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ISIS is using encrypted apps for sex slave trade

Published Jul 6th, 2016 6:02PM EDT
ISIS Sex Slaves Traffic
Image: Alleruzzo/AP/REX/Shutterstock

Much has been written about ISIS using encrypted devices to plan and coordinate highly sophisticated terror attacks in the western world as well as in other countries, many close to what ISIS calls home. The organization may indeed use encrypted programs for communications, though reports detailing the recent incidents in Paris proved that’s not the main way attackers communicated. As it turns out though, they do use these apps for at least one horrific purpose: To communicate about selling sex slaves.

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Yes, that sounds awful, but that’s exactly what’s happening on Telegram, an encrypted chat service ISIS members use to sell young girls into sex slavery for thousands of dollars each. Other services including Facebook and WhatsApp are also used for the same purpose, but Telegram appears to be the chat service of choice for sex slave trafficking.

“Virgin. Beautiful. 12 years old…. Her price has reached $12,500, and she will be sold soon,” such an ad reads. The message was posted on an encrypted conversation alongside ads for kittens, weapons and tactical gear. The conversation was disclosed to The Associated Press by an activist with the Yazidi community, whose women and children are being held as sex slaves.

An estimated 3,000 women and underage girls are held as prisoners and sold with the help of smartphone apps. ISIS apparently shares databases with slaves and their owners, which contain pictures so that captives cannot escape past checkpoints. Smugglers are still trying to rescue captives, but ISIS has tightened security in recent weeks to reduce the number of escapees.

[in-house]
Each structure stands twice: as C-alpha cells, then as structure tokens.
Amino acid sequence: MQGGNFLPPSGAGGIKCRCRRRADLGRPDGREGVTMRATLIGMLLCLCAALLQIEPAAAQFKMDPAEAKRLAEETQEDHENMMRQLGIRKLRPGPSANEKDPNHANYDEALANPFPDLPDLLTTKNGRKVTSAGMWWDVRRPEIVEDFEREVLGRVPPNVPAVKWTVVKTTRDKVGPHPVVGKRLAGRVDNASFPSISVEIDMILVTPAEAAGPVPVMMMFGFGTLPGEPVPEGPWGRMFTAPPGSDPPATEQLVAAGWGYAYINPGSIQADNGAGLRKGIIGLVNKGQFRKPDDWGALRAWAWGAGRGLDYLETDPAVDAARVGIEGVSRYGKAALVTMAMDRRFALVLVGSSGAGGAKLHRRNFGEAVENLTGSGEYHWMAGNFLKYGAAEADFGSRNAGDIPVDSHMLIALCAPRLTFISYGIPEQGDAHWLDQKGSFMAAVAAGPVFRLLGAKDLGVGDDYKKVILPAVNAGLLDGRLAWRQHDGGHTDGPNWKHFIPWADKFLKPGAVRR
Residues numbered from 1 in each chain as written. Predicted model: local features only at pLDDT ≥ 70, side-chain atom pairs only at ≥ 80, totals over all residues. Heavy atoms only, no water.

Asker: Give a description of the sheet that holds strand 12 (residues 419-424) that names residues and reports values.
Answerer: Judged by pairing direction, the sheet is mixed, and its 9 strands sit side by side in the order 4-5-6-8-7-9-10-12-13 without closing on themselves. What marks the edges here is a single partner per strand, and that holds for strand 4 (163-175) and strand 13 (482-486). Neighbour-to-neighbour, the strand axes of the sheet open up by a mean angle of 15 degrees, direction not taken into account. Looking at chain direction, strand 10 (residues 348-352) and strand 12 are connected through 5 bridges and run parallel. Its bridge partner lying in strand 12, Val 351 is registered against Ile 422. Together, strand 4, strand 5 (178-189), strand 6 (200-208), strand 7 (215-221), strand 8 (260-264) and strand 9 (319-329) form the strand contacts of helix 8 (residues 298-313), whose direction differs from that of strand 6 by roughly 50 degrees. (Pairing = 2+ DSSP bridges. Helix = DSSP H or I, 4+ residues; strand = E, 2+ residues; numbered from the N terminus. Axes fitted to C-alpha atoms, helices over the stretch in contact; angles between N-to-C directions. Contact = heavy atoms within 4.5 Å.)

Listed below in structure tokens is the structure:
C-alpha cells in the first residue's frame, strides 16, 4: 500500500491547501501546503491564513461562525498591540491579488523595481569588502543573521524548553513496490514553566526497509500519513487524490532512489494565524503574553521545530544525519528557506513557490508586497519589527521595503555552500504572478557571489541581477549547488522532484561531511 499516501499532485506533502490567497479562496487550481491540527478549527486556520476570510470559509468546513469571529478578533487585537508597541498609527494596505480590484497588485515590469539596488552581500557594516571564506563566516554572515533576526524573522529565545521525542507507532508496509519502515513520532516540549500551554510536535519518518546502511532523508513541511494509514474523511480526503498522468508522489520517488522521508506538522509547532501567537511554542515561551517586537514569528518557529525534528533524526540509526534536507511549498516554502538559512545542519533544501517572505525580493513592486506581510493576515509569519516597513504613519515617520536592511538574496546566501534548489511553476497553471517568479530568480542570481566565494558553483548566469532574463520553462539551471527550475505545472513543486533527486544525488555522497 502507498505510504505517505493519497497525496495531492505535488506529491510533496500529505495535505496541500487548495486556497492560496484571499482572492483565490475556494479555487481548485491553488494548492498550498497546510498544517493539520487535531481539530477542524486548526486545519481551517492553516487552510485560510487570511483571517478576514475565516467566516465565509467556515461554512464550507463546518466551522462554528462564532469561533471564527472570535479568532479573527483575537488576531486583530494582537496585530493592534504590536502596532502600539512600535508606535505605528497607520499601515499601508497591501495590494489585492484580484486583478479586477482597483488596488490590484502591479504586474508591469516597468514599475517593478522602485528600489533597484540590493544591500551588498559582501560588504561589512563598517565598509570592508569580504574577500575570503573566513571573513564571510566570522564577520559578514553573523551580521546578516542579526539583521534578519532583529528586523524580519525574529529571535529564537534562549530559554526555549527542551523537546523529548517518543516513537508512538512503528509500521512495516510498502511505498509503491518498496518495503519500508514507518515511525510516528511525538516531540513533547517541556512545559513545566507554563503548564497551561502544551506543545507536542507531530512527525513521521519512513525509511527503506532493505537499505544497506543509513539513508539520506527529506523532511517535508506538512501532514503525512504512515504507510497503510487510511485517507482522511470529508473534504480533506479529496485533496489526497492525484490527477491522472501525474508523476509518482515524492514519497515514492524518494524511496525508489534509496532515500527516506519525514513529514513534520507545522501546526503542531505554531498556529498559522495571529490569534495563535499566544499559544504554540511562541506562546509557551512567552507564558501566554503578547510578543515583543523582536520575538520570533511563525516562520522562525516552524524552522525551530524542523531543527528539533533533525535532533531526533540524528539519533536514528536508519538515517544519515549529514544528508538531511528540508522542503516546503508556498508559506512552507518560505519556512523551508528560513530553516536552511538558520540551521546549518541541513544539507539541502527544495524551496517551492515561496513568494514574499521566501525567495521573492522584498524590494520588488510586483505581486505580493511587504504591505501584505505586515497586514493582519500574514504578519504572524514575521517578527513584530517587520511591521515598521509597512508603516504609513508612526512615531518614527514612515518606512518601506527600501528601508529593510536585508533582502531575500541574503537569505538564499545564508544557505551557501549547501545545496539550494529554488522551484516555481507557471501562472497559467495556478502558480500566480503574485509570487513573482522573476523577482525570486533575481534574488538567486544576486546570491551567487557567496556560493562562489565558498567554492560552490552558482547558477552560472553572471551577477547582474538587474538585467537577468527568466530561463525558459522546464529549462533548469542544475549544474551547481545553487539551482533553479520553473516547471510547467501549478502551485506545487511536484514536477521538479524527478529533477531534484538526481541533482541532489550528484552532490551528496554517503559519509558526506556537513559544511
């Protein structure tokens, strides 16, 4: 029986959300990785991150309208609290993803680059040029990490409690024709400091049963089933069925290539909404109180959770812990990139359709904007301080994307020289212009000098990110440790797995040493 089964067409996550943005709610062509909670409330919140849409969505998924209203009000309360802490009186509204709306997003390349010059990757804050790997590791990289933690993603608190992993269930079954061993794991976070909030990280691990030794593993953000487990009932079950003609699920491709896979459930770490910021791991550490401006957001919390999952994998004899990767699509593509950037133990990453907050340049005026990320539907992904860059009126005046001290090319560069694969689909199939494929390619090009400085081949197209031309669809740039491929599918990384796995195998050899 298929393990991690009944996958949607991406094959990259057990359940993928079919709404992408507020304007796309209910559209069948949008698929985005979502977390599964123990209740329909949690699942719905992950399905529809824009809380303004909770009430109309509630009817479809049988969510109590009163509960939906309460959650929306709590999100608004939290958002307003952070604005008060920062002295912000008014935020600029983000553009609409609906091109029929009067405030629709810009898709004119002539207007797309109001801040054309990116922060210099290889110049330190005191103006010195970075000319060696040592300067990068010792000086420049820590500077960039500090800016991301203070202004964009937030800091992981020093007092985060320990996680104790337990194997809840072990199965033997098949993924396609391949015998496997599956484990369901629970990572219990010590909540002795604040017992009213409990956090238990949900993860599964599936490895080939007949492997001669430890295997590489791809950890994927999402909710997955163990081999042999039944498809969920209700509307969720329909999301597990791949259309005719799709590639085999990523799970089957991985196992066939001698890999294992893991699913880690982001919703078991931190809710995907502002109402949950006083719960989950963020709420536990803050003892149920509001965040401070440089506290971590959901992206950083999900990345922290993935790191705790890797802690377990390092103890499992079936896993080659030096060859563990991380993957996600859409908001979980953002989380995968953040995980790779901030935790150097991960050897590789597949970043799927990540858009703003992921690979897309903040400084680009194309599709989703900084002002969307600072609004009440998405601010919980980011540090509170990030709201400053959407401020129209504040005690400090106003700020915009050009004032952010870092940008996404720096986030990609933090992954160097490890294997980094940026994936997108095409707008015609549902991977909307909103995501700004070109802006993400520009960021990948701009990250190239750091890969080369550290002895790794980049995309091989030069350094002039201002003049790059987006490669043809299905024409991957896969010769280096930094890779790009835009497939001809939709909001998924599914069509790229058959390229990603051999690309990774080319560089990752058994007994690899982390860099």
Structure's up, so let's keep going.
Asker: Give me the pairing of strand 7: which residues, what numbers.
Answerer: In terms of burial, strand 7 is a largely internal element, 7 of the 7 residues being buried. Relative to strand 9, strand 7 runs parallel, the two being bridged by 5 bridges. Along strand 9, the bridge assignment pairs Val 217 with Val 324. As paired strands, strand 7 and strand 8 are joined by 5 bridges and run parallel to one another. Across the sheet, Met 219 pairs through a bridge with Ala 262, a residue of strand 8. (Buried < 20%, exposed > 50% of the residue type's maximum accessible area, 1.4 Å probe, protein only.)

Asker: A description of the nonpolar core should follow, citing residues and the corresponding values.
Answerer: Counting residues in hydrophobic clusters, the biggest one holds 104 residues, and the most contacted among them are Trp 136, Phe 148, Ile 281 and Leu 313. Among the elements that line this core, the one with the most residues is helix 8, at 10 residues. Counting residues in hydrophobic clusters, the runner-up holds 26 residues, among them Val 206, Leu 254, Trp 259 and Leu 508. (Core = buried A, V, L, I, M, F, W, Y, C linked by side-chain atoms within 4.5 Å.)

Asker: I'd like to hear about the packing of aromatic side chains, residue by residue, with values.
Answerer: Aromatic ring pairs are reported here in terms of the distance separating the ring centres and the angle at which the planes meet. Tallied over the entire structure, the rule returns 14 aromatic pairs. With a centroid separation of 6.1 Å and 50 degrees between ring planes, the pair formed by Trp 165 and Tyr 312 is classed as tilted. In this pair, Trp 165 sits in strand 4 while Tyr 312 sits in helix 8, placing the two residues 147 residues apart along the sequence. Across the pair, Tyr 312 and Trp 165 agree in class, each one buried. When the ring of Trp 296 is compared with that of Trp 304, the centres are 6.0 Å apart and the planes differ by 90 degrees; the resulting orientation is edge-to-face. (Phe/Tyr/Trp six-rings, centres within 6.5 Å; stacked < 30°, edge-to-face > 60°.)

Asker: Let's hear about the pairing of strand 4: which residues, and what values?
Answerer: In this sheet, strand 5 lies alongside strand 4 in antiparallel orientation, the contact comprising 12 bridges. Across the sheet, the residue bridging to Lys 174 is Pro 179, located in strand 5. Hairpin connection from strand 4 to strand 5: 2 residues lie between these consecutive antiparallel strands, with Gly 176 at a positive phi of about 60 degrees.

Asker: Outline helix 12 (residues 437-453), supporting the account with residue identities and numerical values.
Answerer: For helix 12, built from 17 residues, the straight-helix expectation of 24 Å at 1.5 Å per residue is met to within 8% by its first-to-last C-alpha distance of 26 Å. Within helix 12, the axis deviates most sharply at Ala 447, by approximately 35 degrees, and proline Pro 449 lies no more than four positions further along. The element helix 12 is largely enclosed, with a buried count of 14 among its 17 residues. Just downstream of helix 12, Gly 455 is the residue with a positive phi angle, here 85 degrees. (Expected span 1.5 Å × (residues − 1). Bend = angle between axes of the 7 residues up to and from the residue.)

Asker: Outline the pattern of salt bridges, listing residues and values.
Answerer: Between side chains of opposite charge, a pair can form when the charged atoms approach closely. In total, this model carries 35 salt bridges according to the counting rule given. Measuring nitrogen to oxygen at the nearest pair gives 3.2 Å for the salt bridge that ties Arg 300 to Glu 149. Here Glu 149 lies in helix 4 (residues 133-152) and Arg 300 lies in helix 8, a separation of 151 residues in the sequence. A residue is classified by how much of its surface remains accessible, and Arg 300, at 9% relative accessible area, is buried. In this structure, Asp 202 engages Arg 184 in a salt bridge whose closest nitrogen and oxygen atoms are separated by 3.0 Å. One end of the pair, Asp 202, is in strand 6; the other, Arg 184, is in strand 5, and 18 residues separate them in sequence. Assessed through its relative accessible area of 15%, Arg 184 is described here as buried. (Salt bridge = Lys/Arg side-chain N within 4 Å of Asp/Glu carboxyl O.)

Because chats conducted on WhatsApp and Telegram are encrypted, they can’t be shut down by the companies or anyone else.

“Telegram is extremely popular in the Middle East, among other regions,” Telegram spokesman Markus Ra told AP. “This, unfortunately, includes the more marginal elements and the broadest law-abiding masses alike.”

“We have zero tolerance for this type of behavior and disable accounts when provided with evidence of activity that violates our terms. We encourage people to use our reporting tools if they encounter this type of behavior,” WhatsApp spokesman Matt Steinfeld said.

Chris Smith
Chris Smith Senior Writer

Chris Smith has been covering consumer electronics ever since the iPhone revolutionized the industry in 2008. When he’s not writing about the most recent tech news for BGR, he closely follows the events in Marvel’s Cinematic Universe and other blockbuster franchises. Outside of work, you’ll catch him streaming almost every new movie and TV show release as soon as it's available.